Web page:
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  • I need to know what my responsibility is on a divorce when we were not married legally.

    My children married us and I have worked and lived out of town for over 12 years. My wife works and I have not been at home for over 3 years. My wife that is a paralegal states that the law in Colorado is that I have to pay her alimony for the n...

    Brenda’s Answer

    Based upon the wording of your question, it does seem that you are married legally, as your post suggests you and your wife have held yourselves out as husband and wife. Colorado recognizes common law marriage, and you seem to fall within that. There are relevant factors that should be explored before jumping to this conclusion, such as whether you have filed your taxes under married status and as of when.

    Common law marriage is the same as any marriage, meaning that all issues are addressed and a divorce is required. Property division, debt division, maintenance and attorney's fees seem to be the issues for your divorce. All property and debt acquired from the date you were married (which would be the date your children married you two per your post) to the date you are divorced in the future is marital by our statutory definition, with a few legal exceptions. The Court is to equally divide this marital estate, which requires consideration of many facts. Maintenance is based upon various factors as well, such as each party's respective income and standard of living enjoyed during your marriage. This is one where I do think meeting with an attorney would be your best avenue, so your specific facts, risks, and rights can be explored after further discussing all relevant facts. Good luck to you!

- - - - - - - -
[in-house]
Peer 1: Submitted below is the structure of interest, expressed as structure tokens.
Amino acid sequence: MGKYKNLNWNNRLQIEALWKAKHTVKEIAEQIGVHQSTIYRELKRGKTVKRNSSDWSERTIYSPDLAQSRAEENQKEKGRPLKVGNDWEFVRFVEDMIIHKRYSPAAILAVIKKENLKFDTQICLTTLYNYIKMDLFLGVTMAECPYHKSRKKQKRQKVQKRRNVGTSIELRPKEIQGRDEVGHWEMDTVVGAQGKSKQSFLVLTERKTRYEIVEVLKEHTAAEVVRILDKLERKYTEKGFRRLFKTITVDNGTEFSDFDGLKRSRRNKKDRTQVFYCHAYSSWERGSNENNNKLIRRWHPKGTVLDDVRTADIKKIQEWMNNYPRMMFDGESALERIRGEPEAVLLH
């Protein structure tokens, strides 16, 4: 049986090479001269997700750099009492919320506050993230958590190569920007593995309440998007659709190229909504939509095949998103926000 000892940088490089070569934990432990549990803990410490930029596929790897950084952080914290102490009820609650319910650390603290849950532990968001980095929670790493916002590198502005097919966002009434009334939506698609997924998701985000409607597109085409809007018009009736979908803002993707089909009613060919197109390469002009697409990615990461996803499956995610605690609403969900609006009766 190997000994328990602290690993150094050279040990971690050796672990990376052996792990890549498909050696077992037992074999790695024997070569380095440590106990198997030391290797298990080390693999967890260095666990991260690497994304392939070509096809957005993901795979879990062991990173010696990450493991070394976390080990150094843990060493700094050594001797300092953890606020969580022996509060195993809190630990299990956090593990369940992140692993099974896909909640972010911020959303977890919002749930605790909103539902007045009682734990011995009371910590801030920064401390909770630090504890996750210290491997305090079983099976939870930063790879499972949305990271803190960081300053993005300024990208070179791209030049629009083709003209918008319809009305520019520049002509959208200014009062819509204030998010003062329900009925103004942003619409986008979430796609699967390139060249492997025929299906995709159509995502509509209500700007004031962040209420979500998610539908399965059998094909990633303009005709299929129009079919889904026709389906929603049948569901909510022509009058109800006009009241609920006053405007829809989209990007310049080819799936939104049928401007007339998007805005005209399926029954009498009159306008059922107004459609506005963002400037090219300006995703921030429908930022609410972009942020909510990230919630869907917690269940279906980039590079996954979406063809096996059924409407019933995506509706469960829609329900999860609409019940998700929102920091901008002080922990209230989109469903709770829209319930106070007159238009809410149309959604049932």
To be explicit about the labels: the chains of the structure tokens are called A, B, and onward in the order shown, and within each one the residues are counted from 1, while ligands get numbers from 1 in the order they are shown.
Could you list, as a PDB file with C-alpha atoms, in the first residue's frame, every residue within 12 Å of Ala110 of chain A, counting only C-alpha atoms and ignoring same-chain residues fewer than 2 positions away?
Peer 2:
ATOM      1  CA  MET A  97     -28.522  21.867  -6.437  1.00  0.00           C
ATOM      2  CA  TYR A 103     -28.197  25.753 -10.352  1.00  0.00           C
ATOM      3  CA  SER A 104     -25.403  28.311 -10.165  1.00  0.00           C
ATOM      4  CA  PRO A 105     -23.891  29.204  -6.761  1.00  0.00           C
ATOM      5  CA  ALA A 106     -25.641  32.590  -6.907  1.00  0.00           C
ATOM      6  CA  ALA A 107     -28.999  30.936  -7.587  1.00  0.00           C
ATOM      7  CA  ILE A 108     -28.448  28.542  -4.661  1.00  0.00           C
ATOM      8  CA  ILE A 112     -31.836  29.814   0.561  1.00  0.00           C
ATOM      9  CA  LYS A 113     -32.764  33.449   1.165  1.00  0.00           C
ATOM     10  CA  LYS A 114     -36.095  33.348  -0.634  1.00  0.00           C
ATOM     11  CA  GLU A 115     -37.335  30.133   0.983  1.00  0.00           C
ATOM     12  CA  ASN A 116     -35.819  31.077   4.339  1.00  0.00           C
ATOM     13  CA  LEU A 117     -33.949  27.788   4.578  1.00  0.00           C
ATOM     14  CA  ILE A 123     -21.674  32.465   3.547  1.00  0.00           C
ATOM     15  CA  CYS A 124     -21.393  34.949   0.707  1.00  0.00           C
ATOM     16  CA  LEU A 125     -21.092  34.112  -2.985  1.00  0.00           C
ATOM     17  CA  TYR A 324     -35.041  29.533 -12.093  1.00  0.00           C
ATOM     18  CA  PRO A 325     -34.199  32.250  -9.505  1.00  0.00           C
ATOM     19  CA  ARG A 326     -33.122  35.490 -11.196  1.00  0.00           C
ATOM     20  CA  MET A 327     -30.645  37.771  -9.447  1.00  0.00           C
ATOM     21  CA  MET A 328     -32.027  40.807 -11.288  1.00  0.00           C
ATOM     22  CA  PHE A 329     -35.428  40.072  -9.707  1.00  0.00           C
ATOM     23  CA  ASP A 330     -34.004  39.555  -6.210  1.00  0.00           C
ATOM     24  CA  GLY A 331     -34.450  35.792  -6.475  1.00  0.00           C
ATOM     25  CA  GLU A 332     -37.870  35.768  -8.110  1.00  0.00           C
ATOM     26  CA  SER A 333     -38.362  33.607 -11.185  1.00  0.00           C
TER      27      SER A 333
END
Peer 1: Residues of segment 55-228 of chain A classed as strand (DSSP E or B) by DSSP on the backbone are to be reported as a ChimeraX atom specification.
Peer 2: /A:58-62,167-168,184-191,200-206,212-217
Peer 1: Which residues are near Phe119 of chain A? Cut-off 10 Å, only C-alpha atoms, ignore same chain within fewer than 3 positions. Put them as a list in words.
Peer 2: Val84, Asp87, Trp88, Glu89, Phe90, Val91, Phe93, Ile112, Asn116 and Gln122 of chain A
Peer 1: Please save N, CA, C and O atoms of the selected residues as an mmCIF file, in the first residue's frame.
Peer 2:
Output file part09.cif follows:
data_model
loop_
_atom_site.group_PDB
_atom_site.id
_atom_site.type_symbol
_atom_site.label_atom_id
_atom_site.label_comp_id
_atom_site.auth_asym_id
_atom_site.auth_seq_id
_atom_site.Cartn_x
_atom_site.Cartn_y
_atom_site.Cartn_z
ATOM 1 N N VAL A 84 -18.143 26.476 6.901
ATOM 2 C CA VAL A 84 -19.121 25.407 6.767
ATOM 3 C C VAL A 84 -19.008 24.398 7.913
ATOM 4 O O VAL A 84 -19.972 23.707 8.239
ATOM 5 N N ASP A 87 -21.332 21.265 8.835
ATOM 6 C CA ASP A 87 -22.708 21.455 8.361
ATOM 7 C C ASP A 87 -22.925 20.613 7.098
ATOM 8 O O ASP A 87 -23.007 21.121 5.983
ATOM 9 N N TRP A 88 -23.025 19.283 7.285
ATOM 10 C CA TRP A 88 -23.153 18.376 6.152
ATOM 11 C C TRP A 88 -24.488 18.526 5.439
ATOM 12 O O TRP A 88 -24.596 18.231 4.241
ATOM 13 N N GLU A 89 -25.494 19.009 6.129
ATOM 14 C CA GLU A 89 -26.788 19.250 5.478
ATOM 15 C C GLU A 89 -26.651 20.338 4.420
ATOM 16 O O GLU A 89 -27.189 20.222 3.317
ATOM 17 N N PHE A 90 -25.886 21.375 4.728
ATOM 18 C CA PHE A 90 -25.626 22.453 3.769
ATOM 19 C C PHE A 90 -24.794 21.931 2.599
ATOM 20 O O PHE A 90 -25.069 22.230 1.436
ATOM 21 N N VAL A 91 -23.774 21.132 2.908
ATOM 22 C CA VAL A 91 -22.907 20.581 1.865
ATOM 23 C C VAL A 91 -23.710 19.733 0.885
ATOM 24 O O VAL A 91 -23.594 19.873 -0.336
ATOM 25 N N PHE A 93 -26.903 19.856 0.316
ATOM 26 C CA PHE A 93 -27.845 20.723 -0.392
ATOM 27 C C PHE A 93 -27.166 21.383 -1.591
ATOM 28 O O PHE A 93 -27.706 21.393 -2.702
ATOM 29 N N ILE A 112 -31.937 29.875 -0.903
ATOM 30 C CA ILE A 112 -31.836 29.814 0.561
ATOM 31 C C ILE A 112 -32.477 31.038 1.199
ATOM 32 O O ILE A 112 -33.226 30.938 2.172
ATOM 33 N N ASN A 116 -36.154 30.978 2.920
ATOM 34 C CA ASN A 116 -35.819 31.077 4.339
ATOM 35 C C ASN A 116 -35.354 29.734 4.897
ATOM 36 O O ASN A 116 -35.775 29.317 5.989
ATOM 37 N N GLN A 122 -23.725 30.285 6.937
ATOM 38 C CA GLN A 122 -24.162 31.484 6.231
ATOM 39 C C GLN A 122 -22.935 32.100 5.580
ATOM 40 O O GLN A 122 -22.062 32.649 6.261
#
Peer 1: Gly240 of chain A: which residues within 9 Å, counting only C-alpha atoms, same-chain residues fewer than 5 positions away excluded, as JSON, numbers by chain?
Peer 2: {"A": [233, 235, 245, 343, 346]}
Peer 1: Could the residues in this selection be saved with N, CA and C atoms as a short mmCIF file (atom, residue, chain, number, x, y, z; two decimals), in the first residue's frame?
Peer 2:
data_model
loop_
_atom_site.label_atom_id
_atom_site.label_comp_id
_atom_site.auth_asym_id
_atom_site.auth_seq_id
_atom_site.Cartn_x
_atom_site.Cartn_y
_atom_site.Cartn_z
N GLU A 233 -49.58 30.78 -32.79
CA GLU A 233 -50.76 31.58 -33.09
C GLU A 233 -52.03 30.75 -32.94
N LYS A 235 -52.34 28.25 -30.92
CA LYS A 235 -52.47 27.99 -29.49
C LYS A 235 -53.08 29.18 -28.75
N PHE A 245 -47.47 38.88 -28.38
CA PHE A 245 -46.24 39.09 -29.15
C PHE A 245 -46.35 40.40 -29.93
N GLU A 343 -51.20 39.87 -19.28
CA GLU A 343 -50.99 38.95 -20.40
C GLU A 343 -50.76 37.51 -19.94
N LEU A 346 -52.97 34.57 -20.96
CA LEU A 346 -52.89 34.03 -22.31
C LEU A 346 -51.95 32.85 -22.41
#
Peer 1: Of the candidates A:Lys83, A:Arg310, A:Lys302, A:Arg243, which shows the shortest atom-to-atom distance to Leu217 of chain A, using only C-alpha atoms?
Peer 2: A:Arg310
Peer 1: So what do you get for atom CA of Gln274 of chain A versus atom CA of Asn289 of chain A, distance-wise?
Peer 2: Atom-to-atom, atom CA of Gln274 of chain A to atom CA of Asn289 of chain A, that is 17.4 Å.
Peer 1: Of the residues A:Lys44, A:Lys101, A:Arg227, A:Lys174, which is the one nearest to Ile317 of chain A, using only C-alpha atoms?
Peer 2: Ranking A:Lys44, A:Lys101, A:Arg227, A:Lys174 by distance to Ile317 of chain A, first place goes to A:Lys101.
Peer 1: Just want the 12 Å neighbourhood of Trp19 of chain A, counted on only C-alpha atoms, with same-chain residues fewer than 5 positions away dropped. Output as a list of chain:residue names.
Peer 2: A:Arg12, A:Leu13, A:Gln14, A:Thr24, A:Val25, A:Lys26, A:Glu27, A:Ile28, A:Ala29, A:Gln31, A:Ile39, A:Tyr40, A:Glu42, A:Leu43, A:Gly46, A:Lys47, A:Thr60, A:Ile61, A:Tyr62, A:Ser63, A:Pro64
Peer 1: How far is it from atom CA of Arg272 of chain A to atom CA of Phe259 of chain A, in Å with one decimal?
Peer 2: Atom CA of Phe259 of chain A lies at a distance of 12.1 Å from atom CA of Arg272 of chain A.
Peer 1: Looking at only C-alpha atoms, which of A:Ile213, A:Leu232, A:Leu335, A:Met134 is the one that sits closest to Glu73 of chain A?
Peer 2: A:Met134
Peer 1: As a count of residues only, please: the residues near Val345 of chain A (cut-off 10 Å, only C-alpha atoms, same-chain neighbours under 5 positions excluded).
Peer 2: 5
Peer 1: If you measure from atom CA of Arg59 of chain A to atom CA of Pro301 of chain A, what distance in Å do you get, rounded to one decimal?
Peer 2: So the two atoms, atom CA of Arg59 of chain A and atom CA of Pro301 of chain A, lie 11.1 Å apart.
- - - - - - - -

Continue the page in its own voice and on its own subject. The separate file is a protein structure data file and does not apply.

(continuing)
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  • Can the magistrate order a polygraph examination covering the most relevant facts around domestic violence and child abuse?

    Custody & domestic violence case, my ex has been formally charged but I very naively fell for his promises to change and withdrew my cooperation from the DA's case. I also pled with our current magistrate to dismiss the civil permanent protective...

    Brenda’s Answer

    • Selected as best answer

    Rather than tell you what you can't do, I will tell you what you can and should do. You need to get a Parental Responsibilities Evaluator appointed in your case, and it needs to be one with expertise in initimate partner violence. These evaluations are very thorough, and they "get it." Their reliability is much greater than a polygraph, and admissible in evidence. Plus, a Court can order their appointment. An added bonus is that in addition to them investigating all the issues that impact your child(ren), specifically including domestic violence, they can make recommendations to the Court as to what tools and treatments will best serve your children, be it treatment of dad, or tools for the children to speak out and also not repeat the cycle. Polygraphs can't do that. Additionally, judicial officers are not well trained in what to do with domestic violence once proven. The Parental Responsibilities Evaluator is best suited to make recommendations as to what parenting time, if any, is best for the children, and what safeguards might be needed for that parenting time. A Polygraph cannot do that. Good luck to you!

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  • As the biological father of my son would I be able to, legally, take my son to another country if I decided to visit some place?

    My wife left the country and took her 11 year old daughter but left our three-year-old son with me. I do not believe that she is coming back to the United States. There has not been any talk on custody of our son. As far as I am concerned, she has...

    Brenda’s Answer

    With no orders in place, or case filed, there is nothing legally that keeps you from traveling with your son to visit other countries. However, logistics could be your problem. Do you have a passport for him already? If not, you need to follow the specific steps for trying to obtain the passport without the other parent's presence and/or participation. This is not a quick or easy process. Additionally, the carrier you use could ask for proof of the other parent's permission for you to travel outside the country before allowing boarding. The form for this can be found on the website of the State Department. That website may have permissible exclusions that cover your facts, so read very carefully.